For example, we use part cotton and part glass beads to fill our blankets. This way, there are no food sensitivities to worry about.

The design of the blanket is important to look at as well. Is the blanket easy to wash? Some blankets will come with a detachable duvet cover that helps with quick and easy washing. Is the weight evenly divided into sections, or are you going to have to worry about the weight sliding all to one side?

How Big Should Your Weighted Blanket Be?

The last thing you’ll want to look at is the dimensions. It’s important to keep in mind that a weighted blanket should be smaller than the size of your bed. It’s designed to sit on top of the bed, so it doesn’t slide off to one side.

If you need more information about weighted blankets, feel free to ask us in the comments. We love to help families find the right blanket.

Conclusion

There you have it! The science backing up the use of weighted blankets for anxiety. If you have any questions, please ask us in the comments!

 

Shop Harkla's Weighted Blankets for Adults

About the Author

Casey Ames

Casey Ames is the founder of Harkla




18 Responses

Nicole
Nicole

March 20, 2019

Hi Kalani,

The only way to know if a weighted blanket works is to try one out! Sometimes a person may not like to lay under a big pile of blankets but ends up really loving a weighted blanket. Let us know if you have any other questions!

Cheers,
Nicole
Harkla Happiness Ninja

colleen
colleen

November 29, 2018

I have a 6’4" 16 year old son who weighs 164lbs what size would you recommend

kalani Goins
kalani Goins

November 01, 2018

I am 5’6" and weigh 120. I honestly dislike the weight of covers on me past a certain point, which may be an issue here. I stayed with a girl friend at her home, and the guest room blankets were heavy and I felt squashed. Does a weighted blanket just somehow work differently than a pile of blankets? I have heard some interesting thing about them, and the research looks interesting. Kindest regards, Kalani

Debbie Ponder
Debbie Ponder

April 25, 2018

I have a 9 year old granddaughter that really needs a comfort calming blanket. She is so emotional all the time. No matter what is the issue she breaks out into a emotional breakdown before we deal with the true issue. I’m just not sure I can spend too much on this. I am will to order one if it’s warranted, and maybe some sort of coupon or discount to help. She will need a 15 lb blanket, she also has a sister that is 6 that is starting to have some anxiety issues and Migraine issues too, so more than likely will need a 10 lb one for her also. If it’s solid colors, the 15 lb one can be teal/lime green, the other one pink. They have dr orders on anxiety/migraine diagnosis. So not sure where to go from here. Just doing some research and saw this site. Thank you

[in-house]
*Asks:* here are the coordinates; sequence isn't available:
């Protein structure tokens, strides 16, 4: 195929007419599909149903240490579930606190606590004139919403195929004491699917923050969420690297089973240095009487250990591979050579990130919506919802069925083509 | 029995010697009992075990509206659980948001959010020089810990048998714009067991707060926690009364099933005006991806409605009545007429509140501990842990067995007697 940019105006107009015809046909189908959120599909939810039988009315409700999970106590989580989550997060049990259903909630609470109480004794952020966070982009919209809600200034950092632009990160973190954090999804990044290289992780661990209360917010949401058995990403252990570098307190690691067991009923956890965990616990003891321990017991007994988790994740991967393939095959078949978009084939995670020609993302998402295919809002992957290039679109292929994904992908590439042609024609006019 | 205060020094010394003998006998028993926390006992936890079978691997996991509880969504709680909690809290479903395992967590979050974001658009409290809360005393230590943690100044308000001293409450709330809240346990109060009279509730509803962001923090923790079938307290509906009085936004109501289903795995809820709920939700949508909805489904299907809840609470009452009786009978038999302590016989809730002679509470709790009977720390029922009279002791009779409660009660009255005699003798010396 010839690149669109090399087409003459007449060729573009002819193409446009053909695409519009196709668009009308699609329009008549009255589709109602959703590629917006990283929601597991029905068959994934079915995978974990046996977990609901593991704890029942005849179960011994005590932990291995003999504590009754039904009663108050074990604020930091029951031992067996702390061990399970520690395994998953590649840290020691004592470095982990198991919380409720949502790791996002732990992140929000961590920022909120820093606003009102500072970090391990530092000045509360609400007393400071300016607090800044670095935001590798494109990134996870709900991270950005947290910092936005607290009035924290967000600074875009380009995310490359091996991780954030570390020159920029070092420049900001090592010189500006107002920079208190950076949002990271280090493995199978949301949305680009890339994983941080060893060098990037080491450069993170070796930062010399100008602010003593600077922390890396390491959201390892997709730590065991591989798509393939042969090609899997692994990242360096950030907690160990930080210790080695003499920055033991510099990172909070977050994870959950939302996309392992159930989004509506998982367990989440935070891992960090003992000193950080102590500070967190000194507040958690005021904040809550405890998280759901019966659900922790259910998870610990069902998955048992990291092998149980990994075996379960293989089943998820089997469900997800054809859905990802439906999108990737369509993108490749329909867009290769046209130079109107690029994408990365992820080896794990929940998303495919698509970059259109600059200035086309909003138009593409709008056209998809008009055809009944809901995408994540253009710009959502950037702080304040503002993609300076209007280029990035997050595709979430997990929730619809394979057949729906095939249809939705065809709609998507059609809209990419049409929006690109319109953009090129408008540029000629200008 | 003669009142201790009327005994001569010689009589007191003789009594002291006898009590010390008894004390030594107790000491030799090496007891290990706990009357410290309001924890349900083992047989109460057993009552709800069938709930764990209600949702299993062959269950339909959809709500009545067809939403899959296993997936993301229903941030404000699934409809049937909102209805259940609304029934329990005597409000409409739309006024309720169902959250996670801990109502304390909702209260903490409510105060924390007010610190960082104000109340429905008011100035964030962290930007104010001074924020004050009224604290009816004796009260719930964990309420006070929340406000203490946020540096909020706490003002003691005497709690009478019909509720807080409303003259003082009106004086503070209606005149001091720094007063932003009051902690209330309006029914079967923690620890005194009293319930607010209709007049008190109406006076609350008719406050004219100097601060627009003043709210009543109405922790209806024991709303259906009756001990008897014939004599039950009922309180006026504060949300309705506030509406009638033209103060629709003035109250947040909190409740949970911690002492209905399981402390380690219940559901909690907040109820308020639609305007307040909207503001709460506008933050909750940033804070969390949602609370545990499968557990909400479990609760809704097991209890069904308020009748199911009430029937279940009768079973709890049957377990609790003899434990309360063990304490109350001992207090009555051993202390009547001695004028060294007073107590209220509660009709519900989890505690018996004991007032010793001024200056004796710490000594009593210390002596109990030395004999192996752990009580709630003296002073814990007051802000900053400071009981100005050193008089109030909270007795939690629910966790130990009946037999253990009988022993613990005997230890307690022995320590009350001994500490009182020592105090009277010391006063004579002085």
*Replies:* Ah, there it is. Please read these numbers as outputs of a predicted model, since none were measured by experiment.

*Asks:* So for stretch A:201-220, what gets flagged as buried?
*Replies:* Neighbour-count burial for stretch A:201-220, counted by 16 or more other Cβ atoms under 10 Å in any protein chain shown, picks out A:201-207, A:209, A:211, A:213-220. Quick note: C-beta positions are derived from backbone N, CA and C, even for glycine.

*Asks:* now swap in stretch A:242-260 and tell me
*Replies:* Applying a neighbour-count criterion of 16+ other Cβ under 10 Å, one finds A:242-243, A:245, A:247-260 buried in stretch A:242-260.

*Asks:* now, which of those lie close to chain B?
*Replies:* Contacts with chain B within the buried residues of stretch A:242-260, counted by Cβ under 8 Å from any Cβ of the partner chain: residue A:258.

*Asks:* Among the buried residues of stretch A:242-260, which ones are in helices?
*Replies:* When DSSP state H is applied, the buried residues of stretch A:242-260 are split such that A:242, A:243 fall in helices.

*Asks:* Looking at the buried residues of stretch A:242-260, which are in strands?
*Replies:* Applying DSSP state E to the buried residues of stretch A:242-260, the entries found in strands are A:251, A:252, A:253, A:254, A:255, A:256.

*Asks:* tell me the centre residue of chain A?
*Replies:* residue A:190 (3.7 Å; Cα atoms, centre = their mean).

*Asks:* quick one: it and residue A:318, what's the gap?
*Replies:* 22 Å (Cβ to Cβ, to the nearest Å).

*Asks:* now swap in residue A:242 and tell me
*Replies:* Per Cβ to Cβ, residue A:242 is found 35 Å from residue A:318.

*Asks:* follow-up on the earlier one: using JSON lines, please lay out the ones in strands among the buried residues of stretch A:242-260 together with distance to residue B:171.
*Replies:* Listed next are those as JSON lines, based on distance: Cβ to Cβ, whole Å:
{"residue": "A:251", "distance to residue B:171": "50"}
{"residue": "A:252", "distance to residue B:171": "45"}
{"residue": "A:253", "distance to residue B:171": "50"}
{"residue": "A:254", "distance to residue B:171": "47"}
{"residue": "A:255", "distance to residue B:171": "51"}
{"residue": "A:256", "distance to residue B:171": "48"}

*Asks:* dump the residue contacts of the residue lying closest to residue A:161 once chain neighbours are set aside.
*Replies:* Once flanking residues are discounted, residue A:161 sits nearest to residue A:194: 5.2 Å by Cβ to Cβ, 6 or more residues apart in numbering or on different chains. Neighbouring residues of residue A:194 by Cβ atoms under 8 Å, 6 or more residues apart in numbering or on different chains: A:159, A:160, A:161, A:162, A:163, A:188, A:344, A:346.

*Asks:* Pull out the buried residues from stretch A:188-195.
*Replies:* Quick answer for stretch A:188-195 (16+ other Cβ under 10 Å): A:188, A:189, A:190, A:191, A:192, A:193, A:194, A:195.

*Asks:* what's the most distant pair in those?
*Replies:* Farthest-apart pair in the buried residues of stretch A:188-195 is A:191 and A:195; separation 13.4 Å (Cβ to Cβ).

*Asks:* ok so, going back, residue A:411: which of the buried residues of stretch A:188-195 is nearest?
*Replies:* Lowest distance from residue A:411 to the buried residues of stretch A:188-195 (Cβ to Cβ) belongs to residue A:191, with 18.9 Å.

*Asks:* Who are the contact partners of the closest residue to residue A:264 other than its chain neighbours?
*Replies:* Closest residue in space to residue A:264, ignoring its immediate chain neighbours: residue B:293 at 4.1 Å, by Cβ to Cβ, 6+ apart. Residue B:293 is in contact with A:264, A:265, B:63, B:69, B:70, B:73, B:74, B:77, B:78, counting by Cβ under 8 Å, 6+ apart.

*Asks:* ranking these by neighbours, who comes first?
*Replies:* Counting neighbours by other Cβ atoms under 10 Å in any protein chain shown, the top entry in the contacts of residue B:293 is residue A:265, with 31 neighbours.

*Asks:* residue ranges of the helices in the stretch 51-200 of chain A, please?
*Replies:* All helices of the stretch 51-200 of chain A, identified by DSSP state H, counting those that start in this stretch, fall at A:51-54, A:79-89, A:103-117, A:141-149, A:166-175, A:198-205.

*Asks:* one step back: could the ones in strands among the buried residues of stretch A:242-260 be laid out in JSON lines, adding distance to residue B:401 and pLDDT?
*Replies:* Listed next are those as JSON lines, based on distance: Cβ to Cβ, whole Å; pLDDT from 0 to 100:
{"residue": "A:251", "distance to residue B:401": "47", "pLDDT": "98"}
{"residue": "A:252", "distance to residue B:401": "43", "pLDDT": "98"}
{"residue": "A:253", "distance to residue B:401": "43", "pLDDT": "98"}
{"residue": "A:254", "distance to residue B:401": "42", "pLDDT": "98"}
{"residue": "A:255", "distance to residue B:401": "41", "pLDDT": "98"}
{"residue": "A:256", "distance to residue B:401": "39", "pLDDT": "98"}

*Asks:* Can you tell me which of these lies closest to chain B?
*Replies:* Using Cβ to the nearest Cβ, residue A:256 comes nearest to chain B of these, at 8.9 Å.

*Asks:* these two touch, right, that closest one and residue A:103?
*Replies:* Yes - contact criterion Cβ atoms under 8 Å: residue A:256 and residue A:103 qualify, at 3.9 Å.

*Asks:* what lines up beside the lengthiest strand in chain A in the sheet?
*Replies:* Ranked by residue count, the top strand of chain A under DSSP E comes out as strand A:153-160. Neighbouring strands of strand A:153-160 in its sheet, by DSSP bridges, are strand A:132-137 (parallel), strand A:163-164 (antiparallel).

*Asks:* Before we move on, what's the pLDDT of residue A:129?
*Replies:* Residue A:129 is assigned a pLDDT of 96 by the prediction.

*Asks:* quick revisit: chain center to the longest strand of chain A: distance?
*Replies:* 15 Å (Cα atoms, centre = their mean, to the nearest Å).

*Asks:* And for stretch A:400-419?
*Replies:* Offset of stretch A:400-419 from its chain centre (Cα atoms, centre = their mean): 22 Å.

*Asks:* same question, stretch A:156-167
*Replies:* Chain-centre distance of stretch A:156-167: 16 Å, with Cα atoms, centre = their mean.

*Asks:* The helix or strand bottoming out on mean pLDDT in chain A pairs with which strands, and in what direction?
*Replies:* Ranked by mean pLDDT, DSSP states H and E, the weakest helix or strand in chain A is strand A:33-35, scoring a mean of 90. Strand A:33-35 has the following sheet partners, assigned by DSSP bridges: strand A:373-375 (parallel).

Nicole
Nicole

April 23, 2018

Hi Amy,

We have a lifetime guarantee on all of our products!

Let us know if you have any questions.

Thanks,
Nicole
Harkla Happiness Ninja

Amy
Amy

April 20, 2018

What is your policy on returns or exchanges? I am looking into one of these for my husband. He is 5’5" and 165lbs. I was thinking the 25lb blanket, but he generally likes to sleep with very little covers because he gets warm at night and sometimes feels trapped. I am thinking of trying this to help since he has PTSD and Anxiety issues. Which blanket would you suggest we start with? The 20lb or the 25lb?

Casey
Casey

March 14, 2018

Hey Pamela,

You would want to go with the 25lb blanket. That would suite you well.

The rule of thumb doesn’t apply as closely for adults as it does for children, who need better projection from getting too heavy of a blanket.

If you have more questions, we’d be happy to answer them. Please email us support@harkla.co

Thanks!
Casey
Harkla Happiness Ninja

Pamela Nichols
Pamela Nichols

March 08, 2018

Concern on weight of blanket. I am 59 and weight 325. if I followed thecrule of thumb the blanket would be very heavy. Too expensive to just guess, but that seems too heavy. How do I choose?

Randi
Randi

January 24, 2018

Could you please give me a name/s of a good weighted blanket that is not stuffed with food? Thank you!
Randi

Casey Ames
Casey Ames

November 28, 2017

Hey Phillip,

While we haven’t research the effects of Deep Pressure on animals, I would assume you’re on to something by comparing the two!

Would be something interesting to look into.

Thanks for your comment,
Casey
Founder of Harkla

Phillip Davis
Phillip Davis

November 27, 2017

Does this follow the same train of thought behind the use of “thunder coats” for nervous dogs? It seems like there’s a parallel here with how dogs are being treated for anxiety.

Nicole
Nicole

October 23, 2017

Hi Deborah,

We do not conduct any research ourselves, but only reference scientific studies that have already been conducted. Apart from these studies, the feedback we receive supports the research that Deep Touch Pressure does indeed have many benefits!

Let us know if you have any other questions or concerns.
Thank you,
Nicole
Harkla Happiness Ninja

Nicole
Nicole

October 23, 2017

Hi Carol,
The weighted blanket cover might make some individuals feel warmer than a typical blanket. However, if you remove the blanket cover in the warmer months, and only use the inner blanket, that should help. We haven’t had many customers tell us they get too warm, either, so you may not have an issue!
P.S. If you order a blanket and feel it isn’t working well for you- just let us know!
Thank you,
Nicole
Harkla Happiness NInja

Deborah Dyer
Deborah Dyer

October 22, 2017

I don’t see any actual science in the “science”. Is this published and peer reviewed by someone with a PhD or Masters degree, in an real science journal? Without that, it’s just selling snake oil to the gullible.

Carol
Carol

October 20, 2017

Does the increased weight make a sleeper too hot?

Susan Murphy
Susan Murphy

October 14, 2017

My friend bought me it as a birthday present. I’m diagnosed bipoar, adhd , manic depression and anxiety have to take a lot of meds. Nothing is working my friends are worried or given up

Casey
Casey

October 02, 2017

Hey M,

Sorry about the link with the study. We fixed it to the correct study that shows DTP shows a decrease in cortisol, with a rise in serotonin and dopamine.

Thank you for pointing that out.

Casey
Harkla Happiness Ninja

M
M

September 20, 2017

Gotta love how the article linked showing how DTP increases serotonin doesn’t actually have the word serotonin in it…